Delaware Park Handicappers’ Notebook 2019 Vol. 15
In the paddock on Delaware Handicap day. Photo by Allison Janezic.
Correspondent Doug McCoy returns with his weekly Delaware Park Handicappers’ Notebook, featuring horses to watch, bet-backs, and more.
Horses and races to watch
- LEBDA (RACE 5, AUGUST 22): This strapping colt from the Gonzalez barn turned in what may have been the most impressive 2-year-old performance of the meeting on August 22. Tracking the leader through opening fractions of :21.36 and :44.34, Lebda roared into the lead into the stretch and drew off with ease in the 5 ½-furlong allowance/optional claiming sprint, hitting the wire in 1:03.30 with plenty left in the tank. Look for this one in a juvenile stake soon.
- EASY RIVER (RACE 2, AUGUST 24): Got dead left at the break but recovered to loop the field through the turn and draw off with a flourish. Don’t be scared to back this one on the raise next start.
- FLEET GOLD DIGGER (RACE 4, AUGUST 24): Closed fast through a quick closing quarter of :24.3 when dropped down in class and moved to different racing surface. Looks well-suited sprinting at the $8,000 level.
- CALYPSO GHOST (RACE 2, AUGUST 26): First-time starter from an outfit whose young horses rarely come out running broke slow in debut but then made up ground steadily inside to the stretch before simply being outfinished with apprentice rider at the controls. A bit more distance and a strong rider could produce a winner in this spot.
Jock/trainer Watch: Performers of the week
Trainer Scott Lake passed the 6,000 mark in races won earlier this year, and the colorful and controversial figure who once won 528 races in a single season (2006) can still train, as evidenced by his record last week when he sent out three winners and three second-place finishers from seven starters. Lake is currently fourth in the Delaware Park trainer standings and is winning at a 19% clip.
Handicapper’s tool box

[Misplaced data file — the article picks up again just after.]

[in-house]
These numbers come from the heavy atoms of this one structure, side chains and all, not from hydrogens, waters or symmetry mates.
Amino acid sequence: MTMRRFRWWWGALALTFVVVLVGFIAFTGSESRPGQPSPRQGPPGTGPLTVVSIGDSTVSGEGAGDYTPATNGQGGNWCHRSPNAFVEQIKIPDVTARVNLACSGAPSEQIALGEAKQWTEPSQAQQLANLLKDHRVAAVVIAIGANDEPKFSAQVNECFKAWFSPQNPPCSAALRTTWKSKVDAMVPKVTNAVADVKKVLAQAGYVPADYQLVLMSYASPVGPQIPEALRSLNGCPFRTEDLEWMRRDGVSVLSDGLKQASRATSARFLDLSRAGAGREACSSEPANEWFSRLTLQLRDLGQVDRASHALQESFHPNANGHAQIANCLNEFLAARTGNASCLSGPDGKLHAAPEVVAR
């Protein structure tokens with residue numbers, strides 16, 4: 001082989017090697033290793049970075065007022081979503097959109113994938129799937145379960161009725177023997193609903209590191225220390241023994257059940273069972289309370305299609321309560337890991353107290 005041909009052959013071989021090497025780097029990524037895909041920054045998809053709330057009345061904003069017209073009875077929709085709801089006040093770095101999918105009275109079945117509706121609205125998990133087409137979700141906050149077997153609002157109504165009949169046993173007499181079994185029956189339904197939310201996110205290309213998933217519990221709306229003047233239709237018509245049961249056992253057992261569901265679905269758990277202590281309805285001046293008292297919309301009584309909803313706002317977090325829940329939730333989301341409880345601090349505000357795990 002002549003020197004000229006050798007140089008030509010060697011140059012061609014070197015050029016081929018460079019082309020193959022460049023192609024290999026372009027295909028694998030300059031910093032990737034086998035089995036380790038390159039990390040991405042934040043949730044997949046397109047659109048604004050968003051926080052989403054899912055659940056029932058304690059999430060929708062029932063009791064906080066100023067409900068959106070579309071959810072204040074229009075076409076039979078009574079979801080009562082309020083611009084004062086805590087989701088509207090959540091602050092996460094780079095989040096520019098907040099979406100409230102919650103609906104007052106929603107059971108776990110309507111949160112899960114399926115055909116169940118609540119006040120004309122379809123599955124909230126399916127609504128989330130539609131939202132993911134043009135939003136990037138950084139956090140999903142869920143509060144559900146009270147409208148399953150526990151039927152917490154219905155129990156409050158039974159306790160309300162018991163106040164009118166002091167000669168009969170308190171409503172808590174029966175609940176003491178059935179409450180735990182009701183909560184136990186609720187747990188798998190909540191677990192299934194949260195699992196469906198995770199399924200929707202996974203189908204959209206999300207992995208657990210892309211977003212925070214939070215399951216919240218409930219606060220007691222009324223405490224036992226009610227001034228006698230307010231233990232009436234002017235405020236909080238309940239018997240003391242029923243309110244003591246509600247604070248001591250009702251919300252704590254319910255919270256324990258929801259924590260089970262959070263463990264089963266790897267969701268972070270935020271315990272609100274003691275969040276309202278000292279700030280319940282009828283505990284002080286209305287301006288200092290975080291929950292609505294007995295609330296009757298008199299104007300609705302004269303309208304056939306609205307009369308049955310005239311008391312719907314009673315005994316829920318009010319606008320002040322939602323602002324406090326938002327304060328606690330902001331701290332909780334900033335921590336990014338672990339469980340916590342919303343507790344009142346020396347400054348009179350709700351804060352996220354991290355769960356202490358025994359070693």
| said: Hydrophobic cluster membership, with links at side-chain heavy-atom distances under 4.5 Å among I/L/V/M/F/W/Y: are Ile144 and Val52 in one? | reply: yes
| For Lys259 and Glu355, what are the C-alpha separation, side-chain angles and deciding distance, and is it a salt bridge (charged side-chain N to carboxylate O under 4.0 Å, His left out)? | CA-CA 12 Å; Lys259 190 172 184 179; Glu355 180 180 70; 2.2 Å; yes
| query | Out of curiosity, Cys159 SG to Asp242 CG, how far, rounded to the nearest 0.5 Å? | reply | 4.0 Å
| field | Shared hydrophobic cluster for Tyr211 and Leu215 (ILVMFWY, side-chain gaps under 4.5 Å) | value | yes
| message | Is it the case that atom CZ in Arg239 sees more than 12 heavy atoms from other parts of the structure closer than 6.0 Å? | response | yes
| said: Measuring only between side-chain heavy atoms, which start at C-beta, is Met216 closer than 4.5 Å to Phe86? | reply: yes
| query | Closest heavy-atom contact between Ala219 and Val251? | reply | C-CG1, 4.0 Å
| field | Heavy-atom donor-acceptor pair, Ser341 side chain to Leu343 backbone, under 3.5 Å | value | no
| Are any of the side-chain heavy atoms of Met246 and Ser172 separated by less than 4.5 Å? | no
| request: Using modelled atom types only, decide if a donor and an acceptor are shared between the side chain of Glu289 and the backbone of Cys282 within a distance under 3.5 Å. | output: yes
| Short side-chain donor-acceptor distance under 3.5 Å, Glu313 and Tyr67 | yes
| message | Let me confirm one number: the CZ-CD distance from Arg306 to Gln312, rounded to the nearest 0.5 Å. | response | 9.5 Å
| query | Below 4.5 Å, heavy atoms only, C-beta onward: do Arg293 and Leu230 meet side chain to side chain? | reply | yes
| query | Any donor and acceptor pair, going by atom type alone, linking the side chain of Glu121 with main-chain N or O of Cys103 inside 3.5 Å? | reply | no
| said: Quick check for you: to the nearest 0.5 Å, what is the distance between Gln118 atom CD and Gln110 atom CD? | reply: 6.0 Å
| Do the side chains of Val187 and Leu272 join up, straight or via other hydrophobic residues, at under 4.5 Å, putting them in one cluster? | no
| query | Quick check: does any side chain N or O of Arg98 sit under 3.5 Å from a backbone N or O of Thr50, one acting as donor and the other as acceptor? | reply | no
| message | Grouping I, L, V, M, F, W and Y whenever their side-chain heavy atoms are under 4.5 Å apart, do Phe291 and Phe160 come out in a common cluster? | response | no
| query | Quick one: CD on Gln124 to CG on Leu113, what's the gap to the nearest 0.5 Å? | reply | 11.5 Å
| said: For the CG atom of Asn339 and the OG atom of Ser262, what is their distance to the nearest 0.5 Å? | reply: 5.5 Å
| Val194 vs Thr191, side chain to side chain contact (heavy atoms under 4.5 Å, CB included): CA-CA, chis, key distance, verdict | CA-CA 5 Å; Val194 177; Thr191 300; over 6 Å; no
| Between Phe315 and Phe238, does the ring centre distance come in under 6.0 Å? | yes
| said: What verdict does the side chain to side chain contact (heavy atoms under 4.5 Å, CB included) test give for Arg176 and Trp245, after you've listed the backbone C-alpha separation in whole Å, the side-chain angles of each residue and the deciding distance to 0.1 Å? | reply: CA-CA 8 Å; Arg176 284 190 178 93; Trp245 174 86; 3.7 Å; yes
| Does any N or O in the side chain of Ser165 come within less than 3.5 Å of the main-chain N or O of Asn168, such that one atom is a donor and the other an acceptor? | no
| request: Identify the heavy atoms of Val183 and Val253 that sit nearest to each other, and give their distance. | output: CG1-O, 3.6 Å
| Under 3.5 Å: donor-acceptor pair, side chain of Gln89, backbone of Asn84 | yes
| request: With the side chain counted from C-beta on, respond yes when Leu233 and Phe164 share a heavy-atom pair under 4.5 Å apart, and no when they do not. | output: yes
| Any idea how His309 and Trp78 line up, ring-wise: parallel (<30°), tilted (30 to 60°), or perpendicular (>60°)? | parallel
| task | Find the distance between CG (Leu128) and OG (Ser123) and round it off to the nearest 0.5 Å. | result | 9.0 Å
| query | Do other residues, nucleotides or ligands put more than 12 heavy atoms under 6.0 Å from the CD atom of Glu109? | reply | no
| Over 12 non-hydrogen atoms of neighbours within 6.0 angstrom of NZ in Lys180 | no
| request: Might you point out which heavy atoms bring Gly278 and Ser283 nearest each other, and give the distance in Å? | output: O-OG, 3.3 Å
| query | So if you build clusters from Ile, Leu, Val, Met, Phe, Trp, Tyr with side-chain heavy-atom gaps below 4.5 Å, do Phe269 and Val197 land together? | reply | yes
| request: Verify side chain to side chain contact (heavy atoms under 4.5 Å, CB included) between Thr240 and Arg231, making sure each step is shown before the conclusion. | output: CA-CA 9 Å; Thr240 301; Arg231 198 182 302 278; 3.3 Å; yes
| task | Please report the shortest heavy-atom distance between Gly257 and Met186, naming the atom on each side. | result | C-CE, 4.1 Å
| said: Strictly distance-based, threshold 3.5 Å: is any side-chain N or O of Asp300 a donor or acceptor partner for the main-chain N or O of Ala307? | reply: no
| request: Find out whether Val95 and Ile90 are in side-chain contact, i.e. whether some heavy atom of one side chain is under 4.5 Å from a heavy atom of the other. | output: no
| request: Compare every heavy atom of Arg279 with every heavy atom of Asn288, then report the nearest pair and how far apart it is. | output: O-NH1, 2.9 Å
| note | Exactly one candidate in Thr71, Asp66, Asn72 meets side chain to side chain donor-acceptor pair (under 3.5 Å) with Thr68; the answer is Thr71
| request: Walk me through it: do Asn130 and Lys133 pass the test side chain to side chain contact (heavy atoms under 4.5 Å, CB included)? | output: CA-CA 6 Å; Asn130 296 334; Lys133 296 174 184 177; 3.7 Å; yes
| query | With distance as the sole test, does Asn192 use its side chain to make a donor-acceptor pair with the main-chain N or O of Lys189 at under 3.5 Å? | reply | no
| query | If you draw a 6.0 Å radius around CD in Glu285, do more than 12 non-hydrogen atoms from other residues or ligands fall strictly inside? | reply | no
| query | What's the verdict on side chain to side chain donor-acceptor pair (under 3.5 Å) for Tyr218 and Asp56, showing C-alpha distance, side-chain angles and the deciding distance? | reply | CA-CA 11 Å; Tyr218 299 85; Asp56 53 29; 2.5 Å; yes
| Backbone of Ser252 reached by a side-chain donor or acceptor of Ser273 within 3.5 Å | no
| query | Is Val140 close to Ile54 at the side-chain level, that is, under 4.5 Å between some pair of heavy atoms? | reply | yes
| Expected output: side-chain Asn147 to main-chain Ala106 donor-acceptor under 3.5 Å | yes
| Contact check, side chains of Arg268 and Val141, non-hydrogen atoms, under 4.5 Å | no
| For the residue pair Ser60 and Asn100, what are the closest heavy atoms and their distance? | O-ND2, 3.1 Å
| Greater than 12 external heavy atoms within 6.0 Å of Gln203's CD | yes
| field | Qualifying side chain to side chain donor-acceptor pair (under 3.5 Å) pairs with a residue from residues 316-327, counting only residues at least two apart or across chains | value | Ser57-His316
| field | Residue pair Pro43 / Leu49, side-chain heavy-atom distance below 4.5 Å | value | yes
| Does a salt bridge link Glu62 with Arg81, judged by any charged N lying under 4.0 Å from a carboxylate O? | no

SECOND-TIME STARTERS OFFER VALUE IN THE RIGHT HANDS
Having young horses ready to win in their first start isn’t easy. Some horsemen excel at having their “babies” schooled and prepared for top efforts right off the bat. Local trainers like Anthony Pecoraro, Tim Ritchey, Gerald Bennett, Arnaud Delacour, Jose Camejo, Aimee Hall, Sam Cronk and others do excellent jobs bringing their young runners to their debuts schooled and ready to run.
On the national scene Wesley Ward, Steve Asmussen, and Mark Casse lead the nation in wins by two-year-olds this year, and all are winning with more than 20 percent of their babies.
But while getting a horse ready to win at first asking is useful, a number of top stables take a more measured approach with their young horses, allowing them to gain racing experience and come to hand at their own pace.
Graham Motion’s outfit is a perfect example. Motion’s first-timers win about 12% of the time, considered by many to be somewhat low for an organization with so many well-bred youngsters. But Motion’s philosophy is to allow the horse to tell him how far along they are in their development. Motion recognizes that as much schooling as horses get leading up to races, it’s the races themselves that provide the most education.
His pragmatic approach is that his horses will show and tell him how they are progressing through their races. That’s why Motion runners making their second and third starts are the ones to take long looks at. These are the horses with a race under their belts, who have gone through the experience of going to the paddock, seeing the crowd, going to the post and loading in the gate with not one or two other horses, but a full field of competitors.
Knowing which trainers get horses ready to run first time out – and which typically give their horses a race to acclimate – can be critical knowledge. As a betting matter, don’t overlook stables that take a more patient approach with their horses and allow their young runners to dictate how their maturation process will proceed.
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